Hunt for the Wilderpeople (2016)

Director : Taika Waititi

Writers : Taika Waititi and Barry Crump

Young Ricky (Julian Dennison) is known as a ‘bad egg’ and when he is placed in the foster care of Bella (Rima Te Wiata) and her husband Hec (Sam Neill), it’s only the threat of ‘juvie’ that keeps him from running away from their remote New Zealand farm. Ricky has appropriated American rap culture for his personal brand and he turns up dressed like Turtle from early seasons of Entourage, but while he wants to be ‘Gangsta’, he is shocked at the actual violence required for everyday life on the farm.

Like most antipodean movies that achieve international success, there is a wilderness or outback element that delights the foreign audiences and city slicker locals alike. While we may not be a Crocodile Dundee type ourselves, we like to think we could be if the circumstances were different.  Here, Sam Neil looks the part of grizzled bushman, but as we learn more about him, we understand that a label of ‘ex-wino vagrant’ could sit just as comfortably on his flanno covered shoulders.

Through a series of unfortunate events, Hec and Ricky find themselves targets of a nation-wide manhunt. Ricky is essentially escaping from the child welfare system, but while Hunt for the Wilderpeople hints at serious social issues, it never lingers, and Ricky’s blank faced acceptance of his reality gives us permission not to dwell on it either. It helps that the personification of the Government institutions (Rachel House & Oscar Kightley) are playing it for laughs, leaving us all free to enjoy the chase.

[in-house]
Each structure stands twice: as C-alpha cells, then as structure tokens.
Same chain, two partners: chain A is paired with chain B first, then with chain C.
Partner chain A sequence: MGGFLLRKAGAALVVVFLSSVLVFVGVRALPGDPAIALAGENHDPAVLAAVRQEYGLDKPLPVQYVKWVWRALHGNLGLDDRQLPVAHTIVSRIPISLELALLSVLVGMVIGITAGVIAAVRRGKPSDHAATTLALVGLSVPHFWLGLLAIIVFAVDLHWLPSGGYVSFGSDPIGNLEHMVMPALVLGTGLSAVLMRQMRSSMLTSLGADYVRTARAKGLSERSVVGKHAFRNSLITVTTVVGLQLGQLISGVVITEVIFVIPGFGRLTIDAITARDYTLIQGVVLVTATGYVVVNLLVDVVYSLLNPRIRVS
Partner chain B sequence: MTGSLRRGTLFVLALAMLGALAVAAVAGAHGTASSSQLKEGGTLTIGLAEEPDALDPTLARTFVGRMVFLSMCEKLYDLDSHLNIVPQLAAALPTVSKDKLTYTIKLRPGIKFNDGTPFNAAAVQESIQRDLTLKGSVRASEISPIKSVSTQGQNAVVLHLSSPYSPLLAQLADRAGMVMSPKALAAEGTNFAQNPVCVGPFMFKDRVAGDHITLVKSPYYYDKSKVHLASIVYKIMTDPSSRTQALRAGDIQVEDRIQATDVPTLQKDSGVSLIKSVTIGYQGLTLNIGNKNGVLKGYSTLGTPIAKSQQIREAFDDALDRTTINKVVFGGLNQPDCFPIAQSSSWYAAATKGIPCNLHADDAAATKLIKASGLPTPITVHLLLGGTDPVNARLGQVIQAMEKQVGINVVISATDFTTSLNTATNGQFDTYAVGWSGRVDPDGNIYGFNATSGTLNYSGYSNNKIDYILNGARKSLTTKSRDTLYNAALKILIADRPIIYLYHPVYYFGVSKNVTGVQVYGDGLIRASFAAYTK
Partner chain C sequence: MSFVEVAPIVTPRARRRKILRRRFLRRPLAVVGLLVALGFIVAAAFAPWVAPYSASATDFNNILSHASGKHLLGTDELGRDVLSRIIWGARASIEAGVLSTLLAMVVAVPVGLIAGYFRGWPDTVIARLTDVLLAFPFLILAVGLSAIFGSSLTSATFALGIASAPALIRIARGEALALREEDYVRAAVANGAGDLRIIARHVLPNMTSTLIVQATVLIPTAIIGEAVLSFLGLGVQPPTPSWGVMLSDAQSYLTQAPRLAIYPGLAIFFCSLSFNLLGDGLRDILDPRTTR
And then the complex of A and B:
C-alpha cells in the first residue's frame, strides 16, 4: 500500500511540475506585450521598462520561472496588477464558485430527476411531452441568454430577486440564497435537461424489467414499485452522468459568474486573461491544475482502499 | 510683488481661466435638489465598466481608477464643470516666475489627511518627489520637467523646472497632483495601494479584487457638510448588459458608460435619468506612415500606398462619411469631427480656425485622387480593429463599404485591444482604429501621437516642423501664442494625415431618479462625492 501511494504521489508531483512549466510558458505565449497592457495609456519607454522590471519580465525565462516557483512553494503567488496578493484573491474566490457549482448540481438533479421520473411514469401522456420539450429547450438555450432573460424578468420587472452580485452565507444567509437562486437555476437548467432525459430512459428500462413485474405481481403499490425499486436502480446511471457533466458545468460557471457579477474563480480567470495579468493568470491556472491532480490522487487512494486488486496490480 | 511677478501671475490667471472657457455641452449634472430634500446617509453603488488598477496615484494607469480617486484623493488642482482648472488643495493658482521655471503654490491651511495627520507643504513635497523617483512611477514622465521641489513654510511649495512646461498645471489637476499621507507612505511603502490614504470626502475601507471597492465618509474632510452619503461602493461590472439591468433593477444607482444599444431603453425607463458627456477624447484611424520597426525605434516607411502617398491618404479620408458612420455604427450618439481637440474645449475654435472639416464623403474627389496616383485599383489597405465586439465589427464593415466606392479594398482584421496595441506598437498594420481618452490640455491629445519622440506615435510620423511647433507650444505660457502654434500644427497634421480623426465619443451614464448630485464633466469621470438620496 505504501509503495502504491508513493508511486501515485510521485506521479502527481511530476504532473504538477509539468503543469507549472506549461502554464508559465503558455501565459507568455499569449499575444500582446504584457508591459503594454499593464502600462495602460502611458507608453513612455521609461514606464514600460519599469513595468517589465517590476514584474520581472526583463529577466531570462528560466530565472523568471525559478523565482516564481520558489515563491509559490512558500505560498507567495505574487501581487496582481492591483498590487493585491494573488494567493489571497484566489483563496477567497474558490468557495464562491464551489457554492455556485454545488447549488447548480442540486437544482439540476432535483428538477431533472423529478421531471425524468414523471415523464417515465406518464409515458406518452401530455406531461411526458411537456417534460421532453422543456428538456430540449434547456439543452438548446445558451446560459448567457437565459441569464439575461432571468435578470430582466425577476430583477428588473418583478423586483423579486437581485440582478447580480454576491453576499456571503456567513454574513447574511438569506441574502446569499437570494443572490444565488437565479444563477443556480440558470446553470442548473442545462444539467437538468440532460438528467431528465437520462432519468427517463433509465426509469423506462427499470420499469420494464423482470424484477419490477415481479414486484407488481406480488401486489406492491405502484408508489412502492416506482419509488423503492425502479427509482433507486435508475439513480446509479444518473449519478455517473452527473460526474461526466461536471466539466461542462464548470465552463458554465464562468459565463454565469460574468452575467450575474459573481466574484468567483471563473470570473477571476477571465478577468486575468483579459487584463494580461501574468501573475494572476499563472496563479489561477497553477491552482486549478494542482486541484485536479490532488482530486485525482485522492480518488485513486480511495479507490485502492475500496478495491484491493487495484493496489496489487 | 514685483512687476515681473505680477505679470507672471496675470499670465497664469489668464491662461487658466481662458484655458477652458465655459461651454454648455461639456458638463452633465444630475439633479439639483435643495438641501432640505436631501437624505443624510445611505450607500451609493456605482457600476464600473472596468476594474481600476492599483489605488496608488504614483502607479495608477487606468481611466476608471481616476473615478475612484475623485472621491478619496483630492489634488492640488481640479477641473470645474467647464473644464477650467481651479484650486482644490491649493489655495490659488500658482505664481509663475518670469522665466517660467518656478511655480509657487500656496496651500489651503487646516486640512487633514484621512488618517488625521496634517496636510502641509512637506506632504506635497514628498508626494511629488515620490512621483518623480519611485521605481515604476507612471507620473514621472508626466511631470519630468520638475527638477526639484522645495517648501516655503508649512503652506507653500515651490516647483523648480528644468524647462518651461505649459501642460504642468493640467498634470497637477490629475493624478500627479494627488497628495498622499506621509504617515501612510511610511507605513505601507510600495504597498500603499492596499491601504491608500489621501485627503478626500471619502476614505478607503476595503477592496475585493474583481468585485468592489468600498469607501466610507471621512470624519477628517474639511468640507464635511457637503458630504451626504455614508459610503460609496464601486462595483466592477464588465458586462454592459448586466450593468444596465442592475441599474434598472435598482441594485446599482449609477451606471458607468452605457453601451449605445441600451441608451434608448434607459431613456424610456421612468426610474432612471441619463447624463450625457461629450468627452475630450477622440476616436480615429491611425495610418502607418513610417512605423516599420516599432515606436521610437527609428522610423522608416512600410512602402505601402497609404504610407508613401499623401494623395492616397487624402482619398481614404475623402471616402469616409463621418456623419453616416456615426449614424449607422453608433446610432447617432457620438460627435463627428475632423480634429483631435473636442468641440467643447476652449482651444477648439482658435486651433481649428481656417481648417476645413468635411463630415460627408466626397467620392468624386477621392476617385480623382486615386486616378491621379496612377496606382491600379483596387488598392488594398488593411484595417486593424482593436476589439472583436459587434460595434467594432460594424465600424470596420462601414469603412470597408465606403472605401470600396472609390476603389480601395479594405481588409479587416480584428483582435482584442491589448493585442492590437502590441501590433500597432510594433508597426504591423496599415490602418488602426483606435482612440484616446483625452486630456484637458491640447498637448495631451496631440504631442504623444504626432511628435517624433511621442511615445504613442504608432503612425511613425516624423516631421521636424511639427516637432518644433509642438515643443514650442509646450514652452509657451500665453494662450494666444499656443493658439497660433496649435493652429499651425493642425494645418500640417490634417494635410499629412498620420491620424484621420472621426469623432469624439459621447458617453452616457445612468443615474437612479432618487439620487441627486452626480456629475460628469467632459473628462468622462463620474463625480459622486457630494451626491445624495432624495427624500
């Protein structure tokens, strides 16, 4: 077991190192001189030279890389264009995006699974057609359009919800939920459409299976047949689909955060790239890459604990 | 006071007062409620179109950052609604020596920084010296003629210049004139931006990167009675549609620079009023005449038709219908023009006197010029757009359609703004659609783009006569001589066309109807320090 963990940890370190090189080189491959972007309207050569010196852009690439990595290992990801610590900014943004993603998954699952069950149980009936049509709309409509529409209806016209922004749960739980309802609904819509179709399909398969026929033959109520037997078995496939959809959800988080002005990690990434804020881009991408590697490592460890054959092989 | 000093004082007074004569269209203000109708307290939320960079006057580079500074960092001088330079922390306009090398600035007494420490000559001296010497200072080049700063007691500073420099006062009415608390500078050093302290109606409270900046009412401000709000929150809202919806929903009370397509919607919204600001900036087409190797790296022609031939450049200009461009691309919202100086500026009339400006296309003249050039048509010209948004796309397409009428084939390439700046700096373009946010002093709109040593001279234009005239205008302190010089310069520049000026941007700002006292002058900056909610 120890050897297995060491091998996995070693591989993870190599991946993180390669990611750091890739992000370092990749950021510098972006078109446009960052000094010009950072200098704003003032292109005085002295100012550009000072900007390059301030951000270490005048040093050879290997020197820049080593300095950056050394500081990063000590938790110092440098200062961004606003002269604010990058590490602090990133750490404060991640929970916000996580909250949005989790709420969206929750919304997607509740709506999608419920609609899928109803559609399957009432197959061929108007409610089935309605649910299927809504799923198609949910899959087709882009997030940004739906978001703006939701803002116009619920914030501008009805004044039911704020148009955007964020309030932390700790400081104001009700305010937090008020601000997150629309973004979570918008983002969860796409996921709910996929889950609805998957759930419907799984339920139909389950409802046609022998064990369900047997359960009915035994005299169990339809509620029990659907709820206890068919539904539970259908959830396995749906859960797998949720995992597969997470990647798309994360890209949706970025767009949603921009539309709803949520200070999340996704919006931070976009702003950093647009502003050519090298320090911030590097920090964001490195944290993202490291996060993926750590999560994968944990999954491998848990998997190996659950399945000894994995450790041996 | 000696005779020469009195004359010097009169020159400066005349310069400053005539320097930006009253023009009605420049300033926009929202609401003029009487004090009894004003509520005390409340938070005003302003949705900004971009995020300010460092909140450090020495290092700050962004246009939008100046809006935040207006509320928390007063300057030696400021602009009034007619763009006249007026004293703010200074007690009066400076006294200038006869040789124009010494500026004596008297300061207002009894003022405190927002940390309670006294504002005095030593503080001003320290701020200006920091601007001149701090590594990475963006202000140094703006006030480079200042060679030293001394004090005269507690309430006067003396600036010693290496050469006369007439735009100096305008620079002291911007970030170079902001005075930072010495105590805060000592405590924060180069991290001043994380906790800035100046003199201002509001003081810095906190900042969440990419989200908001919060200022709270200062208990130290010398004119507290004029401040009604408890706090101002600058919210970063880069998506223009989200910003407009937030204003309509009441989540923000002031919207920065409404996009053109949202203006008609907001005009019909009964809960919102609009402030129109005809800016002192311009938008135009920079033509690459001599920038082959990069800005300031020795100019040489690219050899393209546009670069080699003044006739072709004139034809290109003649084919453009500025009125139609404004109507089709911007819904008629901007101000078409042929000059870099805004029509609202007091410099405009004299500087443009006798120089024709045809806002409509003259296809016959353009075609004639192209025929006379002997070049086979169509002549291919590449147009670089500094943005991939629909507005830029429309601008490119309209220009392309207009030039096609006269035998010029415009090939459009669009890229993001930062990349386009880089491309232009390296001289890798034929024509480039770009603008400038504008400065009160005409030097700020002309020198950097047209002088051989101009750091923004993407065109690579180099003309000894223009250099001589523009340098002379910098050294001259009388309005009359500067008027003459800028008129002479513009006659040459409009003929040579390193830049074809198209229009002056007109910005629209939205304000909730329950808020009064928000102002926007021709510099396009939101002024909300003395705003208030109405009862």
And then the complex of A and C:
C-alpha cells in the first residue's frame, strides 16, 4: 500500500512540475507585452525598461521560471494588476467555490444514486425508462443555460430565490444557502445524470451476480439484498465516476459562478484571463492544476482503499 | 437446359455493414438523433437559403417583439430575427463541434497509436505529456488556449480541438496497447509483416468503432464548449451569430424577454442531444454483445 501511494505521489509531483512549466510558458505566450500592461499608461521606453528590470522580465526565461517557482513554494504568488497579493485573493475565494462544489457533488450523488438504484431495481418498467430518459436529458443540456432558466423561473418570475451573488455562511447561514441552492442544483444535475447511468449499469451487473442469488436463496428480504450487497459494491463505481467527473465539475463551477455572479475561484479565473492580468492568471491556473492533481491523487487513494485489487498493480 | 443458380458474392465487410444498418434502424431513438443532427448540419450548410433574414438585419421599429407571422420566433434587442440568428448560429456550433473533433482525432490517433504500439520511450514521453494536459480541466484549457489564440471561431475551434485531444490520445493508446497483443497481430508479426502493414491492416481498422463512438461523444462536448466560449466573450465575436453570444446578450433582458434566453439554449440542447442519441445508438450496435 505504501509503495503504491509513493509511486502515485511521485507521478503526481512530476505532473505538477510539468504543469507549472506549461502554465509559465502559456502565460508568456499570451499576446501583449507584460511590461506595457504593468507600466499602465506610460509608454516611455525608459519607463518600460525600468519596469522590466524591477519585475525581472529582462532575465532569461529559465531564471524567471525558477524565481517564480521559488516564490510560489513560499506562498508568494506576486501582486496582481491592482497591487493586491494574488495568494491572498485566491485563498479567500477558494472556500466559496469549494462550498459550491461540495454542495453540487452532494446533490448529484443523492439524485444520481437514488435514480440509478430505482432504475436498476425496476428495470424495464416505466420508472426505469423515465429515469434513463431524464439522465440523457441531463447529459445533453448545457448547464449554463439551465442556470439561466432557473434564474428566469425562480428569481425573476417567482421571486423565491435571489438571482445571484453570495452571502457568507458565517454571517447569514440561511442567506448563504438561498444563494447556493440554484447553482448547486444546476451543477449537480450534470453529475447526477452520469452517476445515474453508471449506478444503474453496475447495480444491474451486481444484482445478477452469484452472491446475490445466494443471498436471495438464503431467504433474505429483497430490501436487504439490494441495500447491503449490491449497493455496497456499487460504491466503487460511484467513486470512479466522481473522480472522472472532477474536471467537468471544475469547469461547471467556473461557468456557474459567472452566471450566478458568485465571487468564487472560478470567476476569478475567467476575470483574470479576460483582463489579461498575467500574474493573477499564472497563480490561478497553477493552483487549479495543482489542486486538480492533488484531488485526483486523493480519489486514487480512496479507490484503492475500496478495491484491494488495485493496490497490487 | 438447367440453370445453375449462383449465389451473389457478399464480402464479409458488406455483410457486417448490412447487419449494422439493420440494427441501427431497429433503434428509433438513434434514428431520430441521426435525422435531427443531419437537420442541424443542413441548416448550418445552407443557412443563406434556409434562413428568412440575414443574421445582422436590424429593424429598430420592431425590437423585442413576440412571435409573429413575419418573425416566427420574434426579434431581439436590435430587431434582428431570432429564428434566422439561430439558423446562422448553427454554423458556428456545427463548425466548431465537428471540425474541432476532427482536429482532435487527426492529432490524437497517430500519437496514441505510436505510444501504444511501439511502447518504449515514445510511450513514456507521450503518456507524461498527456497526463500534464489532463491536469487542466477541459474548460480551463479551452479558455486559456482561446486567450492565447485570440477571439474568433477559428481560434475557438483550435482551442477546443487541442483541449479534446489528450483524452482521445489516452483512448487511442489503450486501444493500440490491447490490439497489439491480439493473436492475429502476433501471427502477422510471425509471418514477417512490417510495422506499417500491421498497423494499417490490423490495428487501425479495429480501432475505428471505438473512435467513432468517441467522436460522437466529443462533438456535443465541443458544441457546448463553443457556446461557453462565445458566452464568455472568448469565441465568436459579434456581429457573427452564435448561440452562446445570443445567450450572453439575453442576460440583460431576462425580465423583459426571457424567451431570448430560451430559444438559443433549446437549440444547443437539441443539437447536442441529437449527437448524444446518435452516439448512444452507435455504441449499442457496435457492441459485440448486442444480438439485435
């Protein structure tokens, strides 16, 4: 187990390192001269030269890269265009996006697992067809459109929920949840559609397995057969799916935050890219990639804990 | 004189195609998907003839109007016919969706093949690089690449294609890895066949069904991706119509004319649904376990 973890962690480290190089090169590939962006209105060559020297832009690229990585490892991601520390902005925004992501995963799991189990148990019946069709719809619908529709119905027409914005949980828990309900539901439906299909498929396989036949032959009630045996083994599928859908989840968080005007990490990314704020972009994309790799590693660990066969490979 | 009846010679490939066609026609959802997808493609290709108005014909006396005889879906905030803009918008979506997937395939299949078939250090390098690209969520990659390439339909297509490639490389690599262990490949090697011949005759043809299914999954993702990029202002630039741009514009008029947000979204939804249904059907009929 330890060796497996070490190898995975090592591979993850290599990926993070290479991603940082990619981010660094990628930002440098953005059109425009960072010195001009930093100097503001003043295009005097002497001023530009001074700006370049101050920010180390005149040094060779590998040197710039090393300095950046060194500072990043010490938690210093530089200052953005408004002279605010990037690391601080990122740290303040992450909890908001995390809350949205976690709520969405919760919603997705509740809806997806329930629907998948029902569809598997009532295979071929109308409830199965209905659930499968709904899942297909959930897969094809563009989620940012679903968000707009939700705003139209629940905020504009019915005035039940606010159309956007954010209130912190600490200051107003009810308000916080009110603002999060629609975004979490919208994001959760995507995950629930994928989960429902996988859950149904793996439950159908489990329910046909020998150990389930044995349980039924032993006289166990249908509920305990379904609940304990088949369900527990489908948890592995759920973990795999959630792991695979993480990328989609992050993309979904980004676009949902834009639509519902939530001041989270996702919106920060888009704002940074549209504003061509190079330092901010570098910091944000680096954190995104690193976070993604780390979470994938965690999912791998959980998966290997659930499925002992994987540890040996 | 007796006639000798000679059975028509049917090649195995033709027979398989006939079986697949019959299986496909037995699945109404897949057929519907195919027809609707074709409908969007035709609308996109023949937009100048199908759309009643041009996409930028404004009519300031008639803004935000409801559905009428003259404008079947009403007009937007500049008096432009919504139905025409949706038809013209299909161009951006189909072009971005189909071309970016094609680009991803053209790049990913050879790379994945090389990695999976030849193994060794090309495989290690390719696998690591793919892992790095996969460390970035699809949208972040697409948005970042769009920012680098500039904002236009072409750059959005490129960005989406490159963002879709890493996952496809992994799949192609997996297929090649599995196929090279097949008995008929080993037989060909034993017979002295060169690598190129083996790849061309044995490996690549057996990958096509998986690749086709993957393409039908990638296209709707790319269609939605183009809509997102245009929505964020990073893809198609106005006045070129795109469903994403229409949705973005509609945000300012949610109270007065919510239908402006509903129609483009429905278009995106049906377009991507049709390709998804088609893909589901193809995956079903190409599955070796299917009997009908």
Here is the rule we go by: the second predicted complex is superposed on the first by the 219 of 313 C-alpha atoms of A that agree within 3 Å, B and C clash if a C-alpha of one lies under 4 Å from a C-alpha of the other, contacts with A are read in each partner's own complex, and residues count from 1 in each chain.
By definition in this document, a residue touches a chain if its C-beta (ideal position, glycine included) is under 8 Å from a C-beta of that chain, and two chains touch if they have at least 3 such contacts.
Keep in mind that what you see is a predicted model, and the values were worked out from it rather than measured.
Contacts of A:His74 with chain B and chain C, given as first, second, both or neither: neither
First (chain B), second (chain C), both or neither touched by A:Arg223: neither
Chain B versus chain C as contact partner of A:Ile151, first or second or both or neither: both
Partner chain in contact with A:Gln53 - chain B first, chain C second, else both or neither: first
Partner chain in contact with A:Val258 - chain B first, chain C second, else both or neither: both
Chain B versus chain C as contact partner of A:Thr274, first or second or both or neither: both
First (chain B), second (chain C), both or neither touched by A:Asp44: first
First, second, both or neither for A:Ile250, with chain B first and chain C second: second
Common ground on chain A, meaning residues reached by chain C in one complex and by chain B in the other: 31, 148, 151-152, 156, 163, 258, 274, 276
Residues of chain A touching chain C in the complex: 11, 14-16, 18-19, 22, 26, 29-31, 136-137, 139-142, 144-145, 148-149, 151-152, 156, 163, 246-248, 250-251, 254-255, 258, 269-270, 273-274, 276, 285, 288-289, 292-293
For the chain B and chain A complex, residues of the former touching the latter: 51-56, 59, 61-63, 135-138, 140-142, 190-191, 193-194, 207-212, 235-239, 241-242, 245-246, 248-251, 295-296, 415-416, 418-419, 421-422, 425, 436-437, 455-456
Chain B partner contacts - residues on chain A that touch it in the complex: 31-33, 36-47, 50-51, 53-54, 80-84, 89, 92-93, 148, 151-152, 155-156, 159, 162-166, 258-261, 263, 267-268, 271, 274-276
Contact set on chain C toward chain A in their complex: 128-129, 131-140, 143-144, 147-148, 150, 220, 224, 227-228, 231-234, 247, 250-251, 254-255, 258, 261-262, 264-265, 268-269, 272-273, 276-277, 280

Ricky and Hec are so different in age, background and fashion choices that they have much to clash and converse over and as they travel through the bush they meet some interesting characters. Rhys Darby provides hilarious wide-eyed energy, and the Director himself Taika Waititi, gives a Rowan Atkinson-esque cameo. But it’s the siren song from Kahu (Tioreore Ngatai-Melbourne) and her Father that threatens to tempt Ricky from his quest as he is shown a type of life that he didn’t know existed.

Just as we start to suspect that both Hec and Ricky are similarly broken toys that Bella has collected and made a home for, Hec confirms it in a moment immune from subtlety. It’s a self-awareness that’s repeated throughout the script, such as when Hec and Ricky are hiding against a bank in the scrub with their searchers on the road above. The audience may be reminded of a similar scene in Lord of the Rings, but rather than allow the unconscious connection, it’s highlighted as a punch line. But somehow none of it feels heavy-handed, as Waititi brings a magical (or majestical as Hec might say) lightness of touch that makes you smile all the way through.

Ricky’s reactions and timing are brilliant and it’s his performance that provides the sweetness that makes Hunt for the Wilderpeople so successful. This is genuinely a movie for the whole family to enjoy. The chase provides the motivation and momentum, while still leaving time to meander through the New Zealand wilderness and make up a Haiku or two along the way.

Hunt for the Wilderpeople warms your heart like a hot water bottle in your cold bed that you didn’t ask for but appreciate anyway.

 A Must See